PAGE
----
Archive for the ‘Relocation’ Category

Some Times I Wonder!

There are times when I really have to stop, think, and rethink what I am about to say.   I really wonder at times what people think about when they hand out advice, and get paid to do it.

Case in point is an 85 year old woman who just moved into a very nice, but expensive, retirement community.   I was called in to do a complete unpack and set up in the new apartment.   However when I arrived the morning after the move I walked into to a wall of boxes and furniture, and the woman I came to help was so confused and disoriented it was sad.

The community where she moved to employs a ‘move in coordinator’, who visited my client prior to the moving.   The purpose of the visit was to make sure that the items that were being moved would fit into her new apartment.  My client was moving from approximately 2000 sq ft to about 1400 sq ft.   Six hundred square feet makes a big difference.  However my client was told she could bring everything, and she did!

The bigger pieces of furniture fit, and were placed in the new apartment according to the floor plan produced by the move in coordinator.  What wasn’t taken into consideration and should have been were the closet and storage spaces between the old and the new apartment and no downsizing and decluttering took place prior to moving.  As a result, when the movers were told to pack everything, they did.

After 4 days of working to find appropriate ‘homes’ for all the items it was necessary to sit down and really have a focused (as much as possible) heart to heart discussion with my client.  I explained that there just was no more room for my team to put anything else.   There were still several cartons of ‘stuff’ that we needed to decide where to put them.     Eventually, with my client sitting on a folding chair in the storage room area, we pulled out several cartons that she had absolutely no idea what was in them.  They were old greeting cards, letter, etc., that had not been unpacked from a previous move years ago.

I cannot understand how someone could tell my client that she could bring everything and it would fit.  Of course my client relied on this advice.   I only wish that I could have been with the client on both ends of the move.   Because decluttering and downsizing prior to the move, would have saved time and money, because time is money.    But it also would have saved unnecessary stress and aggravation for the client.

My advice to Retirement Community move in coordinators, think about what you are telling your future residents about what they should and should not bring, and offer to find them some assistance.   This will be less frustrating on everyone involved in the move, from the mover, the family, and most importantly your new resident.

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Do Cats Imitate Us or Do We Imitate Cats?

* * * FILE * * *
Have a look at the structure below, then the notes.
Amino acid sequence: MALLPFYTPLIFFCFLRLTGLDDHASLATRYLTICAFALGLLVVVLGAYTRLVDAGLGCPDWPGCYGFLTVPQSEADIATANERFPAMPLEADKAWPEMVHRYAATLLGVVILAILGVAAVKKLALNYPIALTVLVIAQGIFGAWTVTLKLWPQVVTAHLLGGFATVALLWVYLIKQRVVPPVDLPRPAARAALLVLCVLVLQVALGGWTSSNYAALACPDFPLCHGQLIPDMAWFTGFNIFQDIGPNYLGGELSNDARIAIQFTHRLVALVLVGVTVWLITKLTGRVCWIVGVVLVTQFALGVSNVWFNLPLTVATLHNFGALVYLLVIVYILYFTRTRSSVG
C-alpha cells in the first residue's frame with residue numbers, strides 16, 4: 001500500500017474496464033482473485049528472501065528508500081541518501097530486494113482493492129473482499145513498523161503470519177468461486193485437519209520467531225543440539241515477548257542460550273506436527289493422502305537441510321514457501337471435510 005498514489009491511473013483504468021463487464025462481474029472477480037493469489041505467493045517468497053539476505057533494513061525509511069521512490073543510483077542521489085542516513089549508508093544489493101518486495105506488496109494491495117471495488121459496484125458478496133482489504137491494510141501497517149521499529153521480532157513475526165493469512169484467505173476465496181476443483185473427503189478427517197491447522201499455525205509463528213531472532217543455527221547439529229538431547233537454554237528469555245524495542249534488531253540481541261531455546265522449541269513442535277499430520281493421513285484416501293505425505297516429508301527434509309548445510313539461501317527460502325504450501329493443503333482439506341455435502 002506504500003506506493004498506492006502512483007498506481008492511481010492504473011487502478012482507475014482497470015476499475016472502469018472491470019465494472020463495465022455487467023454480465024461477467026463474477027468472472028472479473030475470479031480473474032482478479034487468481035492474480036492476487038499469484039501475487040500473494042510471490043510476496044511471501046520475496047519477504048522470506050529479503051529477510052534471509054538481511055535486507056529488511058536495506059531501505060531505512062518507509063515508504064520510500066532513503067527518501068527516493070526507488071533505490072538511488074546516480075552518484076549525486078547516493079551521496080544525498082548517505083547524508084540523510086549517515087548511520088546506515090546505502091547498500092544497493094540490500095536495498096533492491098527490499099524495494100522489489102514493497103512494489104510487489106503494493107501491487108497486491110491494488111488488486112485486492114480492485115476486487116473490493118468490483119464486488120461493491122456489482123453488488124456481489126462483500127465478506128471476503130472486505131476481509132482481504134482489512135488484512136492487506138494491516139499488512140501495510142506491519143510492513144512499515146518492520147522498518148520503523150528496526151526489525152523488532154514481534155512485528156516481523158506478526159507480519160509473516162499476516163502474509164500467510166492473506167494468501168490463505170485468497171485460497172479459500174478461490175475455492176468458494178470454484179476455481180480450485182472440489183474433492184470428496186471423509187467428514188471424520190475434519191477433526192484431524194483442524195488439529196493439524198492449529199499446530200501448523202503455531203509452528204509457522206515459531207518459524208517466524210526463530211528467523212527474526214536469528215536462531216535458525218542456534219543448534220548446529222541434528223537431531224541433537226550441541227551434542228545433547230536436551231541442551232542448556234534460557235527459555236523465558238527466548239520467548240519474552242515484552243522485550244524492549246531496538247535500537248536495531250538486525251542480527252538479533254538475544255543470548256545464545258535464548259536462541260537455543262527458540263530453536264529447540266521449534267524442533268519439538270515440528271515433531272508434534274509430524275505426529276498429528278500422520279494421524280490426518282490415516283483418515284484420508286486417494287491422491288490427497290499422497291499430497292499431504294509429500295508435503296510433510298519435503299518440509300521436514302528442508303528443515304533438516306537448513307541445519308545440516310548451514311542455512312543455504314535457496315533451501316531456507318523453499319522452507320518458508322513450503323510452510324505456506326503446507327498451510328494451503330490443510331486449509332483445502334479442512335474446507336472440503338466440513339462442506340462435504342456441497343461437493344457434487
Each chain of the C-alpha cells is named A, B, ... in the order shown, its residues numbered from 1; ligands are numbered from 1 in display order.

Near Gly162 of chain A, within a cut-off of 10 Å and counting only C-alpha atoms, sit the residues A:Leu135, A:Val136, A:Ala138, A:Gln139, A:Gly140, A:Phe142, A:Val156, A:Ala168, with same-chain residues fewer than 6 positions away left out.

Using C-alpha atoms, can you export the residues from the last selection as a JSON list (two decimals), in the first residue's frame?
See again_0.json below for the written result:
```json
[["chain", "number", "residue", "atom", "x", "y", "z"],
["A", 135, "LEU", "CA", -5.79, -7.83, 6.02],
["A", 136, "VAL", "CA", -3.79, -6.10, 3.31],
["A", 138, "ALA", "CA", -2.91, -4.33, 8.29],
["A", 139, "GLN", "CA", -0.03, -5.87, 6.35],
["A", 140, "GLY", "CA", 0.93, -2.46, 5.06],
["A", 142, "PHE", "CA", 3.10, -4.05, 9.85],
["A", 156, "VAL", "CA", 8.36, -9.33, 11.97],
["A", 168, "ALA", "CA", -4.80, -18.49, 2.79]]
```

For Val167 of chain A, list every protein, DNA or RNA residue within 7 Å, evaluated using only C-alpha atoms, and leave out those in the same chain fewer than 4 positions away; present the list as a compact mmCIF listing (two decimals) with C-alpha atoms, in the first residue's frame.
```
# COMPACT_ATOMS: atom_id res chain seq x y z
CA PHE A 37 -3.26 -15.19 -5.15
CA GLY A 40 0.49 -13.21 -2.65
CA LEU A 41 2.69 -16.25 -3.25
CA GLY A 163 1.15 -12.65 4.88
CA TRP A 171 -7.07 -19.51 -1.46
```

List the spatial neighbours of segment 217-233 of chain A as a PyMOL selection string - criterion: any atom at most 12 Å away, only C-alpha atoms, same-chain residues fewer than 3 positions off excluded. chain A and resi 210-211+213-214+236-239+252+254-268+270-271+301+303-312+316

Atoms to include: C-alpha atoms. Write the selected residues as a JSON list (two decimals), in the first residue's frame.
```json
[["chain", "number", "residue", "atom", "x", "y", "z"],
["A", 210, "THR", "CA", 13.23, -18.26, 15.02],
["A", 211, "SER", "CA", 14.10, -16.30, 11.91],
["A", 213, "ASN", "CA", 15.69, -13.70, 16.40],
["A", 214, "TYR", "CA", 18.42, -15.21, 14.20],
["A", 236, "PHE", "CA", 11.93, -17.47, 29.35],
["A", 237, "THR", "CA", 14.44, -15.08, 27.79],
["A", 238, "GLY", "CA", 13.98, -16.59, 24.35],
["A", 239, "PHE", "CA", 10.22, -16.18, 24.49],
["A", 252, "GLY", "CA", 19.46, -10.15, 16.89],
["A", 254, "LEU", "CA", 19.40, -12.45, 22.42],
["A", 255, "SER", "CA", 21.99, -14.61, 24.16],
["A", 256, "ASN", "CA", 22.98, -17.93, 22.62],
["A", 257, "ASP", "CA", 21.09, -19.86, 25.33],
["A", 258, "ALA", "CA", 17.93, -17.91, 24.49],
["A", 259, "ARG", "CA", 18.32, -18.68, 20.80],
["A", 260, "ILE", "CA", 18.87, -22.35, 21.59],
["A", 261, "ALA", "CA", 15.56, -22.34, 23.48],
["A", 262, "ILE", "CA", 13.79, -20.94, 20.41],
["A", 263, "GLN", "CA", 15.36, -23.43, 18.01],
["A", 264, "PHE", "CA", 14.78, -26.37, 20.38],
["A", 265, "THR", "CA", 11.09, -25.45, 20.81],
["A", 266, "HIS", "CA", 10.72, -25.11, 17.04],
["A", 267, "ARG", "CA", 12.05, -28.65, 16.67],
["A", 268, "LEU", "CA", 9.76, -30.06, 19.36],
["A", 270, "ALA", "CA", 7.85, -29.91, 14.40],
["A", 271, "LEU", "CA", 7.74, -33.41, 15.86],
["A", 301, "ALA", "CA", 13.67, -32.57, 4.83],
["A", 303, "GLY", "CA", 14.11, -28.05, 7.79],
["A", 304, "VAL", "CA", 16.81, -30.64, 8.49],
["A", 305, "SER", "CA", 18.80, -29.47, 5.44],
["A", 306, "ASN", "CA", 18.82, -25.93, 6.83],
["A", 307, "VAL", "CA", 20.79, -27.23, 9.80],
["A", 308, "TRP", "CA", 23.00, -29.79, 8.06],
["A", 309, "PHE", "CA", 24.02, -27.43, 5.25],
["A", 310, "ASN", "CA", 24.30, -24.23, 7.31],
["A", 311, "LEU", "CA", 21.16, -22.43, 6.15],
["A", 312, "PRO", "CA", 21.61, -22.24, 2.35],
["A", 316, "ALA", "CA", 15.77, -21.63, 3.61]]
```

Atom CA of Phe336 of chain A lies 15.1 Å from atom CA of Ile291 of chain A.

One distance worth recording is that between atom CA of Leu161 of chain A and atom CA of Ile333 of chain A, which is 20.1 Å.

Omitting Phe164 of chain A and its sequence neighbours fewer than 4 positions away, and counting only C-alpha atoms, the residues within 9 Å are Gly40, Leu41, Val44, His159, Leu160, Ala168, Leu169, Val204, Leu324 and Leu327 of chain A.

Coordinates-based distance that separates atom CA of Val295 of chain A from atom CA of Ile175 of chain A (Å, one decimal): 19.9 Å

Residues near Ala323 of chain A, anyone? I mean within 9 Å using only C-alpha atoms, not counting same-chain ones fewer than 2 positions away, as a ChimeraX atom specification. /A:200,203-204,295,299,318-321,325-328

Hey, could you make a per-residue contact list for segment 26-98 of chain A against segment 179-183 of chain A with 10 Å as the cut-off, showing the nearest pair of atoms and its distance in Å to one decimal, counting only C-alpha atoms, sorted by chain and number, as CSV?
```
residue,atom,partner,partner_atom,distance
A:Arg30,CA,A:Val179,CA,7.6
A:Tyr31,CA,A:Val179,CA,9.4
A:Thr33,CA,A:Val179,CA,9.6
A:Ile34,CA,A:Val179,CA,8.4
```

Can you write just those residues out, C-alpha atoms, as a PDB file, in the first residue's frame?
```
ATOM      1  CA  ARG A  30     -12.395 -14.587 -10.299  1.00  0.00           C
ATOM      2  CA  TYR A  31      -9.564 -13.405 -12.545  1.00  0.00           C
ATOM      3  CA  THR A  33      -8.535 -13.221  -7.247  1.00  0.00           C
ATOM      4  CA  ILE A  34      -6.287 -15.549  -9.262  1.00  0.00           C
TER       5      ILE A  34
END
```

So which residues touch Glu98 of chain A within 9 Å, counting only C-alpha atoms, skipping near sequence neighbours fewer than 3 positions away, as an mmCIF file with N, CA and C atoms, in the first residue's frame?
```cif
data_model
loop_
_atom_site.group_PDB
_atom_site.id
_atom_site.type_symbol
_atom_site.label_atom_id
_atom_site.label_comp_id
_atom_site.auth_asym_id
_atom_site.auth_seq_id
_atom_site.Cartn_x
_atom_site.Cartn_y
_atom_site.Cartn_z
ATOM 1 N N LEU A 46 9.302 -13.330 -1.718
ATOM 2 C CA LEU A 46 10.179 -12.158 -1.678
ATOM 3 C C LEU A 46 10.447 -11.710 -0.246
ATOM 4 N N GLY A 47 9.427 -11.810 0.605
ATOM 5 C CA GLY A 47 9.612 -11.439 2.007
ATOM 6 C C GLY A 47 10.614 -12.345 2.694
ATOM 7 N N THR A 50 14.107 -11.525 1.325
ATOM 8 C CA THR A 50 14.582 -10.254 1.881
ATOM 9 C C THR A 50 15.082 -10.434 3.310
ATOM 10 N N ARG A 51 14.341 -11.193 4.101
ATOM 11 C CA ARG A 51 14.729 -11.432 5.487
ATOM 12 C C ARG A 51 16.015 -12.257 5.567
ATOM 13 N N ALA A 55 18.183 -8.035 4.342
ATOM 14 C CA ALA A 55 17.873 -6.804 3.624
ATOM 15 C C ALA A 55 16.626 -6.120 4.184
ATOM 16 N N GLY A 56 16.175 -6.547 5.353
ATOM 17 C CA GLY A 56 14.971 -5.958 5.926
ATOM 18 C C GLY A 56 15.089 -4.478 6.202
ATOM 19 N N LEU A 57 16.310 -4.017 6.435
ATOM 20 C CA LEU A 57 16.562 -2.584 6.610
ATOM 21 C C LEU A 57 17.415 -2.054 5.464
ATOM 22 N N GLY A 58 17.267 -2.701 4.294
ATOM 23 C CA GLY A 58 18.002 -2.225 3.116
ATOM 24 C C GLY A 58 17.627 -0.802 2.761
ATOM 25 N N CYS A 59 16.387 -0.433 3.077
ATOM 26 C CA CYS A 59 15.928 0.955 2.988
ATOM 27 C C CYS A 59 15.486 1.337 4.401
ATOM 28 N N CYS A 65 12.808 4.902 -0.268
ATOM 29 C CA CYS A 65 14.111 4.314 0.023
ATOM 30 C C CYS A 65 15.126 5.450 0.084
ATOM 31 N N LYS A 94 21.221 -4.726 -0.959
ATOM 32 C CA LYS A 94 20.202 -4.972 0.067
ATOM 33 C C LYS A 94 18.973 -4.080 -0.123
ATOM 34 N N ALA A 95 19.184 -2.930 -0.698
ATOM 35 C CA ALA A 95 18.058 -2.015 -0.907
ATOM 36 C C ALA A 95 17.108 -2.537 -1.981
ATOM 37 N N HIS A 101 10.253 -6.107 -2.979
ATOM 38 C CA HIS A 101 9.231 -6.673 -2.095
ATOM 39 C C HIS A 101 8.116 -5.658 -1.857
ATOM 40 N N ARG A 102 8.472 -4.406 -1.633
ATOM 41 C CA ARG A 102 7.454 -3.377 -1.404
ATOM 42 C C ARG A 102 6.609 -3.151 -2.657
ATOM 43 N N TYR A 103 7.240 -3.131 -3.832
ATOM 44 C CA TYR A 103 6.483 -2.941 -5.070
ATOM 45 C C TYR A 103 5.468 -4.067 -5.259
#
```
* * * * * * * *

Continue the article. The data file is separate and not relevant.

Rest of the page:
My rescue cat, Lilac, is pretty set in her ways.   Her daily routine is the same every day, as far as I can tell.  Every morning, she is waiting for me to give her breakfast, and then she follows the sun and lounges in every sunny spot.   By late morning she is lounging on the back of the love seat pretending to nap, but with one eye open looking to see that no unwelcome visitors venture into her domain.   Early afternoon finds her really napping in the loft.

I would say Lilac is in her comfort zone, and when things in the zone change, Lilac is not very happy and she lets us know about it in no uncertain terms.   She becomes cranky and upset, she lashes out at whoever happens to be available, and it takes some time for her to come to terms with a change.   This behavior certainly mimic’s how people react when something changes in their lives.  So the question that I have been pondering is:   Do cats imitate us or do we imitate cats?

Everyone has their routines and comfort zones, and they are usually similar to the beings they live, work, or hang out with on a regular basis.   When something or someone disrupts the routine or pace of life that has been constant for so long and change occurs, the entire environment and atmosphere around us becomes disoriented and confused.    This happens throughout our lives and usually we can quickly adjust and accept life changes within a reasonable length of time and with minimal attitude.

However, the older we get the harder it is to cope and accept changes in our life.  I have had this conversation with family members of clients, and they have told me that their parent is acting strange, not like their usual calm, compliant self.  The parent is upset, angry, emotional, and just plain old nasty.  They do not understand why, because the changes they are proposing or making are meant to make the parent’s life easier and happier.   Yet their parent is acting out, just like a teenager!

So to get back to my questions of who is imitating whom, I believe the answer is a little bit of both!   It seems like it is a natural instinct to resist change in our lives.  We all resist and try to make changes to the change; it is natural whether we are infants or senior citizen.  Even Lilac, my cat, finds way to work within the changed environment to make the change acceptable to her.  Lilac doesn’t like a cover on the love seat so she works and works at pulling and punching a portion of the throw off until she has sufficient space for her nap!   My cat uses a passive aggressive attitude toward change, hoping that we will give in.